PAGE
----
I'm aiming for 3, cuzz I'm not down to a groove, I don't know if I have good mothers yet, I could get a doa litter I could end up with only 2 baby's. I'm basing things on the wild hopes of an 8 bunny yield per pregnancy by the 3-4th pregnancy. At that point I know I got enough food for 3 people to not have to return to mung beans again.
 
Dave Bennett
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SaybianTv wrote:
I did the math on my fingers, canceling out nov, dec, jan. 1 month preggers + 3 months milking,  it only add's up to twice a year if I don't want them doing anything during the brutal-er months. I wanted it to be 3 times a year cuzz I couldn't get a 3rd doe which would have solved the problem. So maybe since my landlord pays the electricity i'll sneak a lil space heater into the situation to open up nov,dec,jan.  I'm not worried about poor feed, I just spent the day making a briquette press, so I can stash flow's of good food all round the year. Bindweed finally got on my glad to see you, "chop chop chop" list.

I'm aiming for 3, cuzz I'm not down to a groove, I don't know if I have good mothers yet, I could get a doa litter I could end up with only 2 baby's. I'm basing things on the wild hopes of an 8 bunny yield per pregnancy by the 3-4th pregnancy. At that point I know I got enough food for 3 people to not have to return to mung beans again.

I had about 275 lbs. of rabbits from my Does first 9 litters.  That is 2 Does and 3 litters each.    It was how I found out that I wanted 2 more Doe.  10 days rest after weaning a littler is not enough time.  I am not raising them as a "factory."  I am only raising them for my protein source.  After I get myself into a better situation so I can have some goats, pigs, ducks, and chickens,  I won't need to breed them nearly as often but that will have to wait for at least another year.
 
                        
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off topic but man it's frustrating  to hear about people who cannot find a few acres of land to do permie type stuff and I can't find anyone who wants  to do that.  I guess Saskatchewan is off the map  or something.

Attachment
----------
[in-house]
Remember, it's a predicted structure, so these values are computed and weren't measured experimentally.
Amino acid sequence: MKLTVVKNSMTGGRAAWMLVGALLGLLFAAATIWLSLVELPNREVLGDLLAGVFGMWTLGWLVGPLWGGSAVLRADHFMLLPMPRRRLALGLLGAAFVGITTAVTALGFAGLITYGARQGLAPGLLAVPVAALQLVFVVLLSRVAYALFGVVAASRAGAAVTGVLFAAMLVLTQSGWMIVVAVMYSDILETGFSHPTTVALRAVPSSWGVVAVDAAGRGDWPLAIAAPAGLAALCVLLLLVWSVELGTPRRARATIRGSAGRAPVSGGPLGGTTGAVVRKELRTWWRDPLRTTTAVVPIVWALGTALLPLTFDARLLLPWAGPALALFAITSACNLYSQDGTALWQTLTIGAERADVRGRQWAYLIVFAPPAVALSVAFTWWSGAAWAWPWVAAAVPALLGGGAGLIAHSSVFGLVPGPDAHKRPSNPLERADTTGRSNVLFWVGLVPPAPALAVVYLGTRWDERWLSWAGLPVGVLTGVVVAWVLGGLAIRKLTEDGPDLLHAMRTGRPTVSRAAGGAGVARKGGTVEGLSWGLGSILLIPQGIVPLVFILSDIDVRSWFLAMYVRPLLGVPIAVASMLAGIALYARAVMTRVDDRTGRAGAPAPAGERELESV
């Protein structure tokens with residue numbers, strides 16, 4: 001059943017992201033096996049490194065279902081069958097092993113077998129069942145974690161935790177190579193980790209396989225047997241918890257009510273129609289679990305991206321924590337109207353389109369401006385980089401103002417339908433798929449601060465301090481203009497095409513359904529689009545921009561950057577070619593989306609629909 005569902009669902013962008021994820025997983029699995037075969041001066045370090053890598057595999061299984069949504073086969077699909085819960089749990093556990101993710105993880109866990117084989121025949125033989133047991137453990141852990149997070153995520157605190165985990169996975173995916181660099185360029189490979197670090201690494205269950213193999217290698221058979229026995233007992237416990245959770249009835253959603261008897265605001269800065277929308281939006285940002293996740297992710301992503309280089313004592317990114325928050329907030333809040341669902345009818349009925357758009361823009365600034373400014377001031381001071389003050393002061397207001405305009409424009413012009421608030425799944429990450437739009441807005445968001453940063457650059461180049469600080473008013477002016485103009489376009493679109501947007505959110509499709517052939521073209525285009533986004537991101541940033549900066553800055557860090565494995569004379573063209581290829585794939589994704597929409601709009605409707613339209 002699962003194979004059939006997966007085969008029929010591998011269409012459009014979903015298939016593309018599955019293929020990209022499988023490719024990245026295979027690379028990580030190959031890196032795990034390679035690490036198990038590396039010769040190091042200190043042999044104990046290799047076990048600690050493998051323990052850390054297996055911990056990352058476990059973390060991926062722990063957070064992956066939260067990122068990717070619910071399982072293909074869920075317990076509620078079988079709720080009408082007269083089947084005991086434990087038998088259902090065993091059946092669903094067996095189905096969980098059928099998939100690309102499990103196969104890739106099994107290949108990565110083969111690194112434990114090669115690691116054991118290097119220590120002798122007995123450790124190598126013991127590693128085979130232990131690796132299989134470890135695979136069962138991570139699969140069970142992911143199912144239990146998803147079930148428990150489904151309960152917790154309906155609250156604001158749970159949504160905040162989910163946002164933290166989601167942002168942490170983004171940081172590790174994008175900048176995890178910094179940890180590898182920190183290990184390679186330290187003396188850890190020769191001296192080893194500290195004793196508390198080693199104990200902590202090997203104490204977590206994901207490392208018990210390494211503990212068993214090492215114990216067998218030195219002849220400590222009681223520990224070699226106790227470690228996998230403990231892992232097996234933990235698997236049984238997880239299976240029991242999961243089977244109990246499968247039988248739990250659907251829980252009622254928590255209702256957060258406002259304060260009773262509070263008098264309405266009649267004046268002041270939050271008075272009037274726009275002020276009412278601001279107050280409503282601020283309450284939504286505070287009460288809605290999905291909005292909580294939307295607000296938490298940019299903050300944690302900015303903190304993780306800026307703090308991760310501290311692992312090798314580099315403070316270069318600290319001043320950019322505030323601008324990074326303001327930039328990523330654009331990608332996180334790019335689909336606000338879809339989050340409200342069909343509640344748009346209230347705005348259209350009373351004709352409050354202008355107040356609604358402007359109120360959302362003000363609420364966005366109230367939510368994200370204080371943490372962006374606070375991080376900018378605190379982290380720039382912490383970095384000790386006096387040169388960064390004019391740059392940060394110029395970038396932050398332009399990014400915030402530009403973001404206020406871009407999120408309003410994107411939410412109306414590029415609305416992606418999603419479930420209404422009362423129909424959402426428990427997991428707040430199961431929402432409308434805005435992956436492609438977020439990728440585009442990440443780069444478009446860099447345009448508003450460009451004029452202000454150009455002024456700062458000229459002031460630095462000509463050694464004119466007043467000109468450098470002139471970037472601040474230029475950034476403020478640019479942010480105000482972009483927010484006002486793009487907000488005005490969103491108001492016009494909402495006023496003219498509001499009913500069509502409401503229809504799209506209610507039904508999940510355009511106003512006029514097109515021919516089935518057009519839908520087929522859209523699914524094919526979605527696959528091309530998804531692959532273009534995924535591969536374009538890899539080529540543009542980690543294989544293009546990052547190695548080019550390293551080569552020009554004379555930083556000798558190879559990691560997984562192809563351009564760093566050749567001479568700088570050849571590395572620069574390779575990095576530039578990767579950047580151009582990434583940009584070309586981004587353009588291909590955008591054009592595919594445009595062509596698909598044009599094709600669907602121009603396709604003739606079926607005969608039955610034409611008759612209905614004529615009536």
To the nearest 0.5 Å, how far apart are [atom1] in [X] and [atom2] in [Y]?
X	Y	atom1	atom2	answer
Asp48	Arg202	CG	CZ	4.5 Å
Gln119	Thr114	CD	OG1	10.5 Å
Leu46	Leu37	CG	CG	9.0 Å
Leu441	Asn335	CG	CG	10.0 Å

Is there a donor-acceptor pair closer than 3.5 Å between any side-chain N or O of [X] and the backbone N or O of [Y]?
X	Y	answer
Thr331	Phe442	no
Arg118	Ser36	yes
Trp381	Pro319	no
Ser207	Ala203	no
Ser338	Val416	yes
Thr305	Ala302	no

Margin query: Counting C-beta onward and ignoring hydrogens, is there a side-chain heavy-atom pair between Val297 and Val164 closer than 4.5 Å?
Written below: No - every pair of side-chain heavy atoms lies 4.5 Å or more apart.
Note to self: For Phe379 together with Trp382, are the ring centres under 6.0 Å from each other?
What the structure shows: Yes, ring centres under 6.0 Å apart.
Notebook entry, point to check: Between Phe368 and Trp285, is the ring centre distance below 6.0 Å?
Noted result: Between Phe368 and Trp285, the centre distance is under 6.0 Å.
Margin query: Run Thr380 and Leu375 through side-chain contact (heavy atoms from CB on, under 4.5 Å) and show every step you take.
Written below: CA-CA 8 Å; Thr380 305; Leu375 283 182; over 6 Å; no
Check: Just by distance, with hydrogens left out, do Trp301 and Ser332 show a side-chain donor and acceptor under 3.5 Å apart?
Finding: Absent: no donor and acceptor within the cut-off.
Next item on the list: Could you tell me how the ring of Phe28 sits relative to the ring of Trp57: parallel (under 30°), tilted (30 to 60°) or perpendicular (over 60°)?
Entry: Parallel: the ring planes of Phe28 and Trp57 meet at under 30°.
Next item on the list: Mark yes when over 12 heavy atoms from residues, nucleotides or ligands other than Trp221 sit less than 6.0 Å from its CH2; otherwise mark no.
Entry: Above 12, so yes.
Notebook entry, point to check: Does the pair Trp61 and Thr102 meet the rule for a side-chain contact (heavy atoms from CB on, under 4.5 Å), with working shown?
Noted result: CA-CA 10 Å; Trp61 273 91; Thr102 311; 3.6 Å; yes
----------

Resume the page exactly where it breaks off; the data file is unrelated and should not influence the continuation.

Dave Bennett
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Pam wrote:
off topic but man it's frustrating  to hear about people who cannot find a few acres of land to do permie type stuff and I can't find anyone who wants  to do that.  I guess Saskatchewan is off the map  or something.

I want very much to have a place where I can put my understanding of "forest gardening" into practice.  Finding a suitable place is a problem.  I do not care exactly where that place is located either.  I even have a perfect piece of property in Quebec that I have owned for over 40 years.  I left it completely untouched on purpose.  The only "grooming" that has ever been done there is that the Canadian Forest asked for permission to clear the dead understory to reduce forest fire fuel.  I am not particularly in favor of that but it reduced my property taxes by a significant amount so I have allowed it.  I think it would be a perfect place to develop a true forest garden including some ruminant browsers like goats but it may still be a wild piece of land when I return to the soil and my son will have the deed.
 
Laura Sweany
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This is a dumb question, but here goes: is the Giant Chinchilla the same as the American Chinchilla breed? I have 1 buck 1 doe American Chinchilla and got them since I knew they were endangered as a breed, and they seem to be reliably productive in my area (Western Washington). The does weigh in at 10-12 lbs at maturity, and the bucks 9-11.
 
Saybian Morgan
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I looked up american chinchilla they look like my rabbits, the giant chinchillas were made in america but they seem to have different websites associated with them. I think an american chinchilla was bread with a giant newzealander and came out a giant chinchilla is all. But by the photos in google you could have fooled me. Not all giant chinchillas come out giant. But american chinchillas don't come up on the endangered rare breed list. So there must be some distinction i'm not aware of but I'm sure Dave would know.
 
Saybian Morgan
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Location: Lower Mainland British Columbia Canada Zone 8a/ Manchester Jamaica
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I still don't understand the difference but heres the explanation on the Breeders association site. Then again I didn't understand what 4H was until the day I got my rabbits, i'm a cub scouts dropout.

The Million Dollar Rabbit